Acupressure courses are found at various public colleges, as well as private healing arts schools specializing in bodywork or Eastern medicine. There are independent self-help classes for those with no experience and acupressure classes for experienced therapists and medical workers who want to expand their knowledge. Within a training program, students get a chance to practice their acupressure techniques as part of their curriculum.
Here are a few common concepts found in acupressure courses:
- Professional development
- Clinical contexts
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- Acupuncture and Acupressure
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List of Common Acupressure Courses
Basics of Acupressure
This course introduces students to the basic skills and theories of acupressure. Students learn about Kyo and Jitsu, Yin and Yang, the meridians of the body, the six divisions and the 5-element theory. Locations and functions of acupressure points are illustrated through class instruction and hands-on practice. Qi Gong, a Chinese meditative practice, may also be included.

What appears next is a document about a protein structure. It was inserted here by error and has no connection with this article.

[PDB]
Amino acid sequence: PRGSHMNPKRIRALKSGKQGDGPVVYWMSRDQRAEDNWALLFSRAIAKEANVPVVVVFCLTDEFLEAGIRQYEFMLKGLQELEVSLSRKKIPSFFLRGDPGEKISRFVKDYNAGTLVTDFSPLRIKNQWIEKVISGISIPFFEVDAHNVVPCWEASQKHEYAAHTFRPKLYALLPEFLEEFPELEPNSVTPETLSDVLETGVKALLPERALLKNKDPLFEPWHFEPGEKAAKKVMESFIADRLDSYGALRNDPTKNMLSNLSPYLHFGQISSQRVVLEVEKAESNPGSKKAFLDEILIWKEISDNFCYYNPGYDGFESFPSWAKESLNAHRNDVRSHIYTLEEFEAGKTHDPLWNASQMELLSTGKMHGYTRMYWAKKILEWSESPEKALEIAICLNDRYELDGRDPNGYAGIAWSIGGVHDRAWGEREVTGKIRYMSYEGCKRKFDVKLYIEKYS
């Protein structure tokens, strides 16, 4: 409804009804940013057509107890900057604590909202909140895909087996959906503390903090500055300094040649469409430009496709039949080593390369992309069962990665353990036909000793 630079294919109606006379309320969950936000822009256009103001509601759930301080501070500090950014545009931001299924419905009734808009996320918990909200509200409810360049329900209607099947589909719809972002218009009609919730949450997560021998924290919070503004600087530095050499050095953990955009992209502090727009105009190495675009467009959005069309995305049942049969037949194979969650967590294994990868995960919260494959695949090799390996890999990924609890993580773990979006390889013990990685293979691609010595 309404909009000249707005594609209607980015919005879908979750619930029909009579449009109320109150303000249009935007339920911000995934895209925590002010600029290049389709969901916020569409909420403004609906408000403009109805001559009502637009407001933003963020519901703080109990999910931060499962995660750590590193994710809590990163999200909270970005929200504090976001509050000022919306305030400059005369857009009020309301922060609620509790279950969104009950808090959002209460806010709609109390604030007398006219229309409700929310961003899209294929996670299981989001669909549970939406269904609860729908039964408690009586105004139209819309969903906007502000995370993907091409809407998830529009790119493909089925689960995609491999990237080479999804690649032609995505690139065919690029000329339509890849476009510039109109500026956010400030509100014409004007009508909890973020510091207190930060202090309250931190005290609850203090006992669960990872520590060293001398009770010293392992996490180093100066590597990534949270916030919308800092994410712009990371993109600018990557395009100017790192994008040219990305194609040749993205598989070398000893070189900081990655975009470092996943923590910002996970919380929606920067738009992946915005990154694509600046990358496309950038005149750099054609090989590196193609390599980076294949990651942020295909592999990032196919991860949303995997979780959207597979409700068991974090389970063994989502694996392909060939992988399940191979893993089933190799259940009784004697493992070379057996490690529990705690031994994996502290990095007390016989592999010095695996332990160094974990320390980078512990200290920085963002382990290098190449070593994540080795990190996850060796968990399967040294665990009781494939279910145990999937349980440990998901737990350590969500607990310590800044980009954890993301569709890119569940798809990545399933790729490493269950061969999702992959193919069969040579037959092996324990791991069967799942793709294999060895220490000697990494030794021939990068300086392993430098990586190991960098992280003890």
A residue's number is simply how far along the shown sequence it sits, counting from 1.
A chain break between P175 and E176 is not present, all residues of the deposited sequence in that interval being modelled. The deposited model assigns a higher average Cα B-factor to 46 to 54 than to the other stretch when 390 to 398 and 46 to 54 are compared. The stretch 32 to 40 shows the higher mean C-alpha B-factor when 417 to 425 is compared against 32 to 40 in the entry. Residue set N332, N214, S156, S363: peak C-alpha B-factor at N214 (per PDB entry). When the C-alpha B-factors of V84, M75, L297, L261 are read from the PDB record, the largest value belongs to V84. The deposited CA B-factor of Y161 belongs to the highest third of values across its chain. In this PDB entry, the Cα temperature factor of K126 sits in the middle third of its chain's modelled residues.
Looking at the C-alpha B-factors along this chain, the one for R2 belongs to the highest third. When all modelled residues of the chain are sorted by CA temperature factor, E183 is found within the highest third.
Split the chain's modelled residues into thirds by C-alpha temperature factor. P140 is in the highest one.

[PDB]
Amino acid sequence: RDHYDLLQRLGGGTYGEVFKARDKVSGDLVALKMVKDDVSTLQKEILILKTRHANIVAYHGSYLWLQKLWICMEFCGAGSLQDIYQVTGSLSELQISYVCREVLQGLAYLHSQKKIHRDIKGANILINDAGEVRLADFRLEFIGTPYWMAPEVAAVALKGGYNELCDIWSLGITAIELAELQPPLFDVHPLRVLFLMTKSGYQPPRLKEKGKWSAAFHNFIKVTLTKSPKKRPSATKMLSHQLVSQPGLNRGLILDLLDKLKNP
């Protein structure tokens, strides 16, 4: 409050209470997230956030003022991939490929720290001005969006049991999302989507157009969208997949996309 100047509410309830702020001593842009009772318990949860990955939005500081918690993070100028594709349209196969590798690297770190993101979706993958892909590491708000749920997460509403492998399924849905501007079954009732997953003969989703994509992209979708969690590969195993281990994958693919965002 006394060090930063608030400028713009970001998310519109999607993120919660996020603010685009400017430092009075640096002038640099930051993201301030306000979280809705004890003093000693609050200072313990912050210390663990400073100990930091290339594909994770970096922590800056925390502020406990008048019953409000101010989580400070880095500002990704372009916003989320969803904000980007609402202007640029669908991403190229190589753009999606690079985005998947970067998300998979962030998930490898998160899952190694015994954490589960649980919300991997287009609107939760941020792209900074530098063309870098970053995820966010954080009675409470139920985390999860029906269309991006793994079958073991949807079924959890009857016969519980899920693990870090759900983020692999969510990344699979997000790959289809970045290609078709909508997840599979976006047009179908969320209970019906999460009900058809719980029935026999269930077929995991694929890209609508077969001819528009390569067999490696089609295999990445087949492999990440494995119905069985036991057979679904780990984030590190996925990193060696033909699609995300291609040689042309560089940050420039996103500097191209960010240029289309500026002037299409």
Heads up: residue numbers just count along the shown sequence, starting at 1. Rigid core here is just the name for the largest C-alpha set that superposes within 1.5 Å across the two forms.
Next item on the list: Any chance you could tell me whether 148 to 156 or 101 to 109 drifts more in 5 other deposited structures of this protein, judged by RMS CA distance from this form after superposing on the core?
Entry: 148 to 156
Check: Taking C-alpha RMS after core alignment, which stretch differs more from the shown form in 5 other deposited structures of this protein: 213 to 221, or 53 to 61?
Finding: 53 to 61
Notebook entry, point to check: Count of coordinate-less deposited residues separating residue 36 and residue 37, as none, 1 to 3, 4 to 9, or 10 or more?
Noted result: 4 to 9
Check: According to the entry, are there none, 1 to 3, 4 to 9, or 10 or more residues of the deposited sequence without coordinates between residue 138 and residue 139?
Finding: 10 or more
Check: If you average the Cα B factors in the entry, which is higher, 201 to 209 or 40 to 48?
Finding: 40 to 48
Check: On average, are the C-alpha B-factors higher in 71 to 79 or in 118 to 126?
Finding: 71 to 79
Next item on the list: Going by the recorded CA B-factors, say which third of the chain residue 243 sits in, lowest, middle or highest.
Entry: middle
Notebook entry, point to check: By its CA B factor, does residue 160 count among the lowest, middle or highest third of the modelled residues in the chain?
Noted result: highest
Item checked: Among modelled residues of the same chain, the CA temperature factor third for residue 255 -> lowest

Acupressure is part of this overview course in traditional Asian medicine. Students are introduced to acupressure points, meridians, the six divisions and the theory of disease as applied to bodywork.
A combination of several massage techniques is taught in this hands-on overview course. Modalities include Swedish massage, theories of TCM, acupressure and Shiatsu. Students practice on each other to gain experience in acupressure, as well as identifying and releasing energetic blockage in the body.
This Japanese massage modality contains elements of both Western and Chinese medicine. Students learn acupressure techniques, as well as stretches that increase the blood flow to the body and promote muscle relaxation. Graduates possess knowledge of acupressure theory and practice.
Tui Na Massage
Tui Na, an ancient form of Chinese massage therapy, incorporates aspects of acupressure, traction and massage to treat musculoskeletal and other conditions. Students learn 12 hand techniques with subtle variations for working on clients in both prone and supine positions. An advanced Tui Na class may include a larger range of motion, barefoot Tui Na and more advanced acupressure movements.